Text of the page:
Why focus on the LGBT community?
People are people!
Here's the deal. I've never liked labels, but I understand why we have them.
Labels help us ensure that we know the difference between a bottle of water and a bottle of vinegar, for instance. Why do we need them for humans? Why can't we just look at someone and say, "How's it going?"
Labels on people require us to make a judgment in order to put people into a box we feel they best fit in. We spend our lives as parents encouraging our children to be who they want to be, to chase every dream, and to support those they care about as they go through life. We don't tell them to stick with "their kind" and we forget, sometimes, that other people are going through traumatic experiences all on their own.
Self-involved, we human beings are.
I was talking with someone about the Orlando shooting and about the various facets of the horrific tragedy that are currently being discussed by the courts of public opinion. He finally blew out a breath and said, basically, "Why are we looking so much at the LGBT community? They only make up a small part of the population."
In the 1940s, there was a lot of focus on the Jewish community, thanks to Hitler and his megalomaniacal pursuit of the perfect race. In the 1950s and the 1960s, it was African Americans, because the civil rights movement was in full swing and desegregation was rapidly sweeping across the United States. Since the 1990s, the LGBT population has gotten increasingly greater scrutiny.
It seems that with every new generation, we need to put a particular group under the microscope. At least for now, it appears that the LGBT community are in the uncomfortable position of being the ones under the microscope. Particularly now, just days after the massacre that took 49 lives, this should happen; the Orlando shooter deliberately took aim at an LGBT nightclub, whether it was for his own internalized (or externalized) homophobia, or because he was a self-radicalized terrorist of sorts, no one seems clear, but the urge is there to tear apart the situation to understand.
In the media, there have been reports that the shooter's father believes his son became enraged at seeing two men kiss. Certainly, he would not have been the first to react at the sight of two men kissing, but he is a man who exploded and attempted to destroy a community.
I simply don't understand why people can't just be happy that people are in love, and forget that it's two guys or two girls. What the hell does it matter? Why can't we just look at someone, give them the thumbs up that they are happy and in love and move on with our days? People have been embracing the LGBT community and rightfully so.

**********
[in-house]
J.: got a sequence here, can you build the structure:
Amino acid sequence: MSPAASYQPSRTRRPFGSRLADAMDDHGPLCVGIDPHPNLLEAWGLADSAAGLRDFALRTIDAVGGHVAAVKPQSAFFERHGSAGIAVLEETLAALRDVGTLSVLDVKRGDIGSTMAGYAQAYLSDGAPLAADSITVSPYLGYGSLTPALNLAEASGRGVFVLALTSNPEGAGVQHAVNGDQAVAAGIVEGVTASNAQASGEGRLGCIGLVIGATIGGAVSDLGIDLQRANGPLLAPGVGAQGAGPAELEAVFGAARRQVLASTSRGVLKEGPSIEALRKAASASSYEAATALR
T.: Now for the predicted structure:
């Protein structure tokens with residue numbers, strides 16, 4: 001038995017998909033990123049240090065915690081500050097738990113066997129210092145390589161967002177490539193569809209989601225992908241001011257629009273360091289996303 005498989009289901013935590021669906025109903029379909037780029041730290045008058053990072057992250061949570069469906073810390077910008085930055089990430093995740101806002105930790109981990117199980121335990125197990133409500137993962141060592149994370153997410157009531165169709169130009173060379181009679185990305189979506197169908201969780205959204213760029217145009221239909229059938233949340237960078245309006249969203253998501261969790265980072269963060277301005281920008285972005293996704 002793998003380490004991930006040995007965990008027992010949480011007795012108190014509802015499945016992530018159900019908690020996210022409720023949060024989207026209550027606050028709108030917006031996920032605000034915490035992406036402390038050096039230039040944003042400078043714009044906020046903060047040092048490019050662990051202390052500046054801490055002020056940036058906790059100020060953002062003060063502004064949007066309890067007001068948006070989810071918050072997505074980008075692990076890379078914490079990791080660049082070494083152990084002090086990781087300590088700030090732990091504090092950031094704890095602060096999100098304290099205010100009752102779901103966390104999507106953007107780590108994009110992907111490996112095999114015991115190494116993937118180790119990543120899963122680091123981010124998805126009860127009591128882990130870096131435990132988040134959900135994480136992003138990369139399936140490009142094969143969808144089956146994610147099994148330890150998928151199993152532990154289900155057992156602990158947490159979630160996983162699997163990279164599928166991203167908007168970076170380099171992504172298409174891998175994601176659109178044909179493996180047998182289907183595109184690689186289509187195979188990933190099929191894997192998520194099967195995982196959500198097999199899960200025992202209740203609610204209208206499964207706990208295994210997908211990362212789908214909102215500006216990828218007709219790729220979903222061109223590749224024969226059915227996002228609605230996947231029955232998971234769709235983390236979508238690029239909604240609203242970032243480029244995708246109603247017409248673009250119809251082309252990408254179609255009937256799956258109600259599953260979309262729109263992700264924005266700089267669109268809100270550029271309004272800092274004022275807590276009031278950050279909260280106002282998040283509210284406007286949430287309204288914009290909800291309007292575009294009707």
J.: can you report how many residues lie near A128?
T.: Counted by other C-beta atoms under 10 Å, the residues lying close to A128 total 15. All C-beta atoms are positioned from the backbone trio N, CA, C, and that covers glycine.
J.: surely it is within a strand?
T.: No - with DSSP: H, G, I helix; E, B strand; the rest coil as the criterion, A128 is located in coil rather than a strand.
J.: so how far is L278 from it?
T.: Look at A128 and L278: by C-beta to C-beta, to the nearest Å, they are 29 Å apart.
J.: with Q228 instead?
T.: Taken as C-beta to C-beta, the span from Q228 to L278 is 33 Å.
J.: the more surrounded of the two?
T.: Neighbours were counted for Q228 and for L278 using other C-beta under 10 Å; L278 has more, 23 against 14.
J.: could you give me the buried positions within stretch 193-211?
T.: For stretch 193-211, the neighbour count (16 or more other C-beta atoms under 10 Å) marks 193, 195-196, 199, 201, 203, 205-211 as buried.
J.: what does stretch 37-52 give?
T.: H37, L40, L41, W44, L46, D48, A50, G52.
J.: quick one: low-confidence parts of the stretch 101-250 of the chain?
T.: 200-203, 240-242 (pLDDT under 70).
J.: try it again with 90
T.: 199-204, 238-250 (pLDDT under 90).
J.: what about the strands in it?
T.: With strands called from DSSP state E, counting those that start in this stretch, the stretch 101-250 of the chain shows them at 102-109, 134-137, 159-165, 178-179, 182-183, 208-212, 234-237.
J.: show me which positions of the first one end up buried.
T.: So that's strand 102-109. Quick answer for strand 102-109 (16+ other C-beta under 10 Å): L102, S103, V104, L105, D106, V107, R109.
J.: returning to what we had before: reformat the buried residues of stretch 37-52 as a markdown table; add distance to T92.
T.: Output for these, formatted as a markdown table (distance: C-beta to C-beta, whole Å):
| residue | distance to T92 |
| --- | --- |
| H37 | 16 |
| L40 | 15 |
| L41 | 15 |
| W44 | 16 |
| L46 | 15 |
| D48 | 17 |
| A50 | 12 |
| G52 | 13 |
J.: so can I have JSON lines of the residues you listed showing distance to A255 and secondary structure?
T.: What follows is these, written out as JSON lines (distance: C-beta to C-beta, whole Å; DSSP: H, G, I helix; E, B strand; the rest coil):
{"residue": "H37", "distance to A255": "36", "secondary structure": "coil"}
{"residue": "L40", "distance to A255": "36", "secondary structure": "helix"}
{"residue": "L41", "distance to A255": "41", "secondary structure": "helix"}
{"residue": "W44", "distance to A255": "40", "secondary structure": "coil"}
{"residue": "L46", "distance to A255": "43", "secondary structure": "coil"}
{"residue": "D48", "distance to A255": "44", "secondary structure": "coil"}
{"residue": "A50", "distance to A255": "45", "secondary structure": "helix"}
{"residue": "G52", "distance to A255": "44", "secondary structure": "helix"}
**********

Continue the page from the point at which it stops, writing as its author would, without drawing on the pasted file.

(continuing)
My problem is that people don't appear to understand why the LGBT community is bearing so much scrutiny. Few other groups in history have borne the brunt of so much hatred, and to be sure, the LGBT community is now one that is experiencing a great deal of hate-related crime, Orlando notwithstanding. Their supporters are also being targeted, simply because they have this crazy notion that there should not be any restrictions placed on who you fall in love with.
Bigotry takes all forms and it is sickening. The LGBT community deserves our respect, our empathy and our support, just as we all do, but there are still far too many groups and individuals who look at people who might represent as part of that spectrum as beyond the norm and therefore not worthy to take part in society. That is completely unacceptable, and we need to band together to ensure that we focus on what we can do to elevate everyone rather than harm each other.
Why do we focus on the LGBT community? Because they are victims of some of the biggest hate crimes and one of the biggest is a crime that I thought had been phased out when the last vestiges of segregation had been left safely in America's past. We focus on the LGBT community because, in spite of all our enlightened talk, we don't deliver. There are still too many people who deny the basic right of being able to hold their partner's hand without judgment, the ability to kiss each other without having to look around to see who's watching. If these rights had been denied to the hetero community, there would have been rioting in the streets, yet when the LGBT community still feels the need to look over their shoulder to ensure they can kiss or hug their partner without fear of reprisal, there's a distinct issue.
Let people just be, and the rest will fall into place.